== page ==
More than a wish ...
Bringing a spiritual perspective to daily life
'Of course, no one here believes in God," the young tour guide told us, as we rumbled through the South China countryside. "No one goes to church or to the temple."
"No one?" someone ventured from the back of the van.
"No one!" she repeated emphatically. "Of course, we're free to go to church now. But only the old people actually go. The people who were here before ...."
This tour guide, whose English name is Sharon, was speaking of the people raised in her country before the Cultural Revolution of the 1960s that banned religious services. Only these older people, she was saying, remember what it is to worship God. Only they go to churches, temples, and mosques today.
As she said this, a sort of unspoken sadness settled over our little tour group ... until Sharon broke the silence.
"Once in a while," she said hesitatingly, "my friends and I do go to a church or to a temple. We go ... to make a wish."
We asked Sharon what kind of wish she makes. "Sometimes I wish just to be happy," she said. "Or to find a good man to marry."
"Or to have bad things get better?" we asked.
"Yes," she said. "Sometimes I wish that."
Her words set me thinking. What is a "wish," anyway? It's something you hope for. Something you desire.
I remembered what Mary Baker Eddy said about desire on the very first page of "Science and Health with Key to the Scriptures." "Desire is prayer," she wrote, "and no loss can occur from trusting God with our desires, that they may be moulded and exalted before they take form in words and in deeds" (pg. 1).
Suddenly I felt better. Maybe those wishes Sharon makes at church aren't so far away from prayer after all, I thought. Maybe she's praying without really calling it that - without even knowing!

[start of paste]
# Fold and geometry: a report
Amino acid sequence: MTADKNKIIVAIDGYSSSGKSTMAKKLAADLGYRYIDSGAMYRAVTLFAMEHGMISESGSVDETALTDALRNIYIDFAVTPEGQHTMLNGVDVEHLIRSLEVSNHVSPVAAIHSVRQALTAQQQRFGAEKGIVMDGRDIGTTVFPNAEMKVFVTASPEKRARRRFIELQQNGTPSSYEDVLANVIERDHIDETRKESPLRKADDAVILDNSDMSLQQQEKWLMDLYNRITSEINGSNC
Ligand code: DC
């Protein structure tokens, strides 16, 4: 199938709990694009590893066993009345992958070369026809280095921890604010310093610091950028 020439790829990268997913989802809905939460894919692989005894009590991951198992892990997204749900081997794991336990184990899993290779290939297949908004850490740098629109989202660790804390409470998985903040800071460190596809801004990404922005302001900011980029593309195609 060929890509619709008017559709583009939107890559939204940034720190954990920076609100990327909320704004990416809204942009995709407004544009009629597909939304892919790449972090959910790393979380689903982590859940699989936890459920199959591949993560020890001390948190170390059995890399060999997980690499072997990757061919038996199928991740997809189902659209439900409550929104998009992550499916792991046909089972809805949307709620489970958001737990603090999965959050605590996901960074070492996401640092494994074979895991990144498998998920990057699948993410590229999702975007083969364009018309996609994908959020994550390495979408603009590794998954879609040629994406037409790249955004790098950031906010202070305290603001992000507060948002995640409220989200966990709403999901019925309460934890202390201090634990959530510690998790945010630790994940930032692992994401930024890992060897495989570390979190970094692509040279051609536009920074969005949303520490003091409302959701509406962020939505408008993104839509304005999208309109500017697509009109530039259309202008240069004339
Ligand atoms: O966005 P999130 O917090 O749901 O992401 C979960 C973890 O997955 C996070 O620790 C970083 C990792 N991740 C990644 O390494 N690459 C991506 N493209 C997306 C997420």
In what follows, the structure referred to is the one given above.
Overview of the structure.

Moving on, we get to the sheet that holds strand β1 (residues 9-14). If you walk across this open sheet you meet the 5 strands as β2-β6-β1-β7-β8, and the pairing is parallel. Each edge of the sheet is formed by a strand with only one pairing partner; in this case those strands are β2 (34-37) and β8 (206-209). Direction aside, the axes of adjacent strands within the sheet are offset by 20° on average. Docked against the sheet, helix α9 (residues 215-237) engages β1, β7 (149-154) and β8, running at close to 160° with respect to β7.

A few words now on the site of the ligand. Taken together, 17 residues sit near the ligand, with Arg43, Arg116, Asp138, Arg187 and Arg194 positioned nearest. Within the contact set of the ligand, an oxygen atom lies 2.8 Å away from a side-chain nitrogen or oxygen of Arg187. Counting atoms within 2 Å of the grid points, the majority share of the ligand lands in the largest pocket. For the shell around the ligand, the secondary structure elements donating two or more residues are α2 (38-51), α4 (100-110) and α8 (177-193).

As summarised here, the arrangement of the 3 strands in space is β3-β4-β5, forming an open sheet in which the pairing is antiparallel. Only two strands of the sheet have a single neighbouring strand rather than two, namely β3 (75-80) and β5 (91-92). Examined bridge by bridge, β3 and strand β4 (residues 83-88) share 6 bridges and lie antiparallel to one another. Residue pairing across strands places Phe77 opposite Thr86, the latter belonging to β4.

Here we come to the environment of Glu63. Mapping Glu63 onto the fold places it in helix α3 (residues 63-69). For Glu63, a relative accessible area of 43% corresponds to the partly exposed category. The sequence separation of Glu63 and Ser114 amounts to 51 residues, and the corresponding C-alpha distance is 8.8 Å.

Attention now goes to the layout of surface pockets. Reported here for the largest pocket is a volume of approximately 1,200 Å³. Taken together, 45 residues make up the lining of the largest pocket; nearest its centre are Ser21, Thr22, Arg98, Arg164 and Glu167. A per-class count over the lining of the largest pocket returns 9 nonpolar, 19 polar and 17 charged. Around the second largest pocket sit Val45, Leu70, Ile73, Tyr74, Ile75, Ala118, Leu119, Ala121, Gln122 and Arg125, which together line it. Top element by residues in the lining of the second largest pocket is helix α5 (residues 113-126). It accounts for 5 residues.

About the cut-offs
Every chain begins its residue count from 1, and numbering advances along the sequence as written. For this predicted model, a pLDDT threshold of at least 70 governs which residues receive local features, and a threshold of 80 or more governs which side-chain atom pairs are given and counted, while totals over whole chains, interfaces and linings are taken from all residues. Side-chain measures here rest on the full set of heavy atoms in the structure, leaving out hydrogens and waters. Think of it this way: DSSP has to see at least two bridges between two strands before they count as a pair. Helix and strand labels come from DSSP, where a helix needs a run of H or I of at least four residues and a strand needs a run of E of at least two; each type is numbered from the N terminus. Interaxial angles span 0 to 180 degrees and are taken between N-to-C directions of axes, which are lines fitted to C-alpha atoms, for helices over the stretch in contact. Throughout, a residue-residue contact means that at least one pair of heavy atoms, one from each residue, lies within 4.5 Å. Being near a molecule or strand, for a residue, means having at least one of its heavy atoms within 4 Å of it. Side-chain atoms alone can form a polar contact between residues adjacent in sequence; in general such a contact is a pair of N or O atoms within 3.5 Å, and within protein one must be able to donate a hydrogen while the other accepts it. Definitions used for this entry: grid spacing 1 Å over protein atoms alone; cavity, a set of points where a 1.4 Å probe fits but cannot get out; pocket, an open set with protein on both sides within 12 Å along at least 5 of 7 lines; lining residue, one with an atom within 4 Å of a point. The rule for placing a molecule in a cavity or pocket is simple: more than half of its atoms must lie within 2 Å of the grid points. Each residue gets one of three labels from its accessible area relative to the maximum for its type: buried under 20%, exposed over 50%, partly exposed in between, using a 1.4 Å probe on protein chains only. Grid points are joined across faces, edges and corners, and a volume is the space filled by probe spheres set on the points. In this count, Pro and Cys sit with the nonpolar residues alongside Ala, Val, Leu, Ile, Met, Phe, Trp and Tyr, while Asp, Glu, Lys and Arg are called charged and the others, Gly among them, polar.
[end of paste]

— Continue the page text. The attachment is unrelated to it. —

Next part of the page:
Of course, people could wish destructive, selfish things. But they can also desire legitimate things - like basic food, clothing, health, living quarters, or a special someone in their life.
Or they could desire things that you can't touch but are felt. Like joy, peace, love. Or things that will help someone else.
Whatever it is that you or I may desire - even if it's not the best thing to start with - it will take a better form if we trust it to the Father and Mother of the universe. Then He/She will shape it and elevate it into something beautiful and excellent. Something that brings happiness instead of hurt. Something productive rather than destructive, unselfish rather than selfish, spiritual rather than material. Into something divine.
All this happens because God's character is so perfectly good that His love redeems whatever in human thought is unlike that divine good. God's love does this inexorably, irreversibly - and so gently that we sometimes don't at first understand the wonder God is performing within us. We just start to feel better and act better. And to be more at peace with ourselves and everyone.
When these good results come from the "wishes" you trust to God, you'll want to try wishing again. And again. And again. Until, bit by bit, you realize there's a Principle behind your wishing - and that this Principle is God. You'll realize that such wishes or desires are really prayers, which transform naturally into faith and trust in God.
* * *
In the late afternoon that same day, Sharon took us to a lovely temple. There we saw a young woman kneeling in what looked like prayer.
Sharon said, "See? She's making a wish!" We nodded. Yet somehow I felt sure - and maybe Sharon did, too - that the earnest young woman before us was engaged in much, much more than making a wish. And my heart leapt to acknowledge how broadly - at that very moment - the Lord of heaven and earth was pouring the marvels of His love into this woman's life, as she knelt in rapt devotion.
The Christian Science Journal, a monthly magazine, contains other articles about prayer.